This Evidence Supports the Benefits of Skin to Skin after a Cesarean

This Evidence Supports the Benefits of Skin to Skin after a Cesarean

In 2021, the benefits of skin-to-skin after birth are widely known among both medical professionals and parents - or parents-to-be. New research conducted by the World Health Organization (WHO) and published in EClinicalMedicine estimated that if skin-to-skin, or ‘kangaroo mother care’ was accessible to all parents across the 127 countries analyzed, more than 125,000 newborn lives would be saved.

The same study shows that it can reduce infant deaths by as much as 40%, hypothermia by more than 70%, and severe infections by almost two-thirds. This research further provides how important it is that parents and their babies are kept together directly after birth, as well as into the Fourth Trimester (and beyond)

However, After a Cesarean, the rates of skin-to-skin care are lower compared to after an uncomplicated vaginal birth. In 2015, according to the Centre for Disease Control, 70% of birth facilities in the United States implemented skin-to-skin care within two hours of an uncomplicated Cesarean, with skin-to-skin lasting for at least 30 minutes. This compares with 83% for vaginal deliveries. 

So, what are the benefits of early skin-to-skin after a Cesarean?

Skin-to-skin can Improve Breastfeeding

Studies and research (like this Stanford one) have shown that babies who maintain skin-to-skin contact with their mothers during the Golden Hour period are more likely to latch on to the breast. 

Research by Cochrane found that the same skin-to-skin benefits apply after Cesarean birth as well. From the 46 randomized trials (including 3,850 mothers and their healthy infants), the mothers who had received skin-to-skin care were 22% more likely to still be breastfeeding one and four months after the birth.

All 14 studies but one found an increase in exclusive breastfeeding at hospital discharge in mothers who had skin-to-skin after Cesarean births. 

Pain Levels can Decrease 

The same research found that some mothers who had skin-to-skin care with their infants reported less pain after their Cesarean - but the evidence was not strong enough to show a clear effect of separation on pain.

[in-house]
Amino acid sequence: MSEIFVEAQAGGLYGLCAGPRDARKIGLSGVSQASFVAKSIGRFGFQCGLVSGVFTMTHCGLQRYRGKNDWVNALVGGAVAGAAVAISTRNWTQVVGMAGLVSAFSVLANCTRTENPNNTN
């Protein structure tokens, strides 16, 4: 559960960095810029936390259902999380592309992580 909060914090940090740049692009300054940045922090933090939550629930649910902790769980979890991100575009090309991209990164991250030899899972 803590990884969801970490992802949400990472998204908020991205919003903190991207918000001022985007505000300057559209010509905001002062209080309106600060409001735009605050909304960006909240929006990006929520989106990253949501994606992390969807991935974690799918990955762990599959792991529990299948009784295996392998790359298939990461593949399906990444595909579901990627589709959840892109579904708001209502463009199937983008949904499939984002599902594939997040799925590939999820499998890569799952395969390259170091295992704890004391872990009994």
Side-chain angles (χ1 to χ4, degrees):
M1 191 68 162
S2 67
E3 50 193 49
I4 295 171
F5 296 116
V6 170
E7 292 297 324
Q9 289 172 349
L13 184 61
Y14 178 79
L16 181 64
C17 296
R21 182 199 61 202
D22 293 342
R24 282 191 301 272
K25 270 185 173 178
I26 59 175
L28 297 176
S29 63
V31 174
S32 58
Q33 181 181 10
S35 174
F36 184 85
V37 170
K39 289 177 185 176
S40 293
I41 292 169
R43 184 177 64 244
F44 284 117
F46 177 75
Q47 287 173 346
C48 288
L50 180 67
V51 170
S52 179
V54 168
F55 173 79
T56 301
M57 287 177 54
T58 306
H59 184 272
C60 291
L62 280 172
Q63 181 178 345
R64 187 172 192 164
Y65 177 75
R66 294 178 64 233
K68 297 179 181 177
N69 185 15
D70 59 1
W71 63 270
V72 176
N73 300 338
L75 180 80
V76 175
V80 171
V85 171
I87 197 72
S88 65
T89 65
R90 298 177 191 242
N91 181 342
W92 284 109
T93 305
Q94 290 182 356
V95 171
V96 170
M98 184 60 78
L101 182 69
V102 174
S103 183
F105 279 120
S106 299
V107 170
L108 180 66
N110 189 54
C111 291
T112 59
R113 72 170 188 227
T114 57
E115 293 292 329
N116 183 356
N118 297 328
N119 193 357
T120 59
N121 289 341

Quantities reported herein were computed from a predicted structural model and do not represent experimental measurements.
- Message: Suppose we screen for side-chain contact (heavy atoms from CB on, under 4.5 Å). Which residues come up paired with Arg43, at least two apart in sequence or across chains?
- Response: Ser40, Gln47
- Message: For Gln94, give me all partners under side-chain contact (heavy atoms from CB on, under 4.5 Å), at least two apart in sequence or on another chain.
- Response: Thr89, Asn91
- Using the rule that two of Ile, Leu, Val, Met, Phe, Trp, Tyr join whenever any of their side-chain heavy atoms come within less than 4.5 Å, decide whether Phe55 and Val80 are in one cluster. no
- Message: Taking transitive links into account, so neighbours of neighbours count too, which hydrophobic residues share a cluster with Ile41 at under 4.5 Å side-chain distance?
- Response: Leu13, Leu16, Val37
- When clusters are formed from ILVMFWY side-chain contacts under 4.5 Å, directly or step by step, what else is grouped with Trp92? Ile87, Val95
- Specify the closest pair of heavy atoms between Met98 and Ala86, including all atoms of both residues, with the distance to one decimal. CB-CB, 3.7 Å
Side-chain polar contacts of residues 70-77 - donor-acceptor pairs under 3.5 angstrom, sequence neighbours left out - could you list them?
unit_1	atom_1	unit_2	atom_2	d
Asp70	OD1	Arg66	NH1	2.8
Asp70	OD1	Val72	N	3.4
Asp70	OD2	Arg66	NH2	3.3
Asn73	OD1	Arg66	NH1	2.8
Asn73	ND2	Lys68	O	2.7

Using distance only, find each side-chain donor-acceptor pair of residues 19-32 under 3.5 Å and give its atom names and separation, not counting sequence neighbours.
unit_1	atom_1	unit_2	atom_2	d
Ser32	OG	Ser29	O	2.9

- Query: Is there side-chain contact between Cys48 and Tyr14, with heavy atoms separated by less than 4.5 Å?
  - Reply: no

However, another study shows that skin-to-skin contact right after delivery causes the brain to release a hormone called beta-endorphin. This works like a mild painkiller, helping parents to feel calmer and more relaxed. Oxytocin is also released, the brain’s “feel-good” hormone that promotes bonding. 

It Regulates Body Temperature

One of the main perceived barriers to implementing skin-to-skin care after a Cesarean is because hypothermia (low temperature) in babies is more common after a Cesarean. 

Babies who are born via Cesarean are at higher risk of hypothermia because the operating room temperature is kept quite cold, and mothers undergoing a Cesarean may have a lower body temperature. While in the uterus, babies are also exposed to drugs that may affect their temperature.

However, research suggests that babies who undergo skin-to-skin care 30-50 minutes after a Cesarean are not at higher risk for hypothermia compared to infants who are kept in an incubator. If a baby is not able to maintain its temperature during skin-to-skin with its mother, babies may also be held skin-to-skin with their father or another family member after a Cesarean. 

Remember,  the Joeyband’s messenger-style velcro closure provides 21 inches of adjustability, allowing a more universal fit for different caregivers and changing bodies. This means that parents, older siblings and grandparents can all use the Joeyband™ to hold and care for your baby. 


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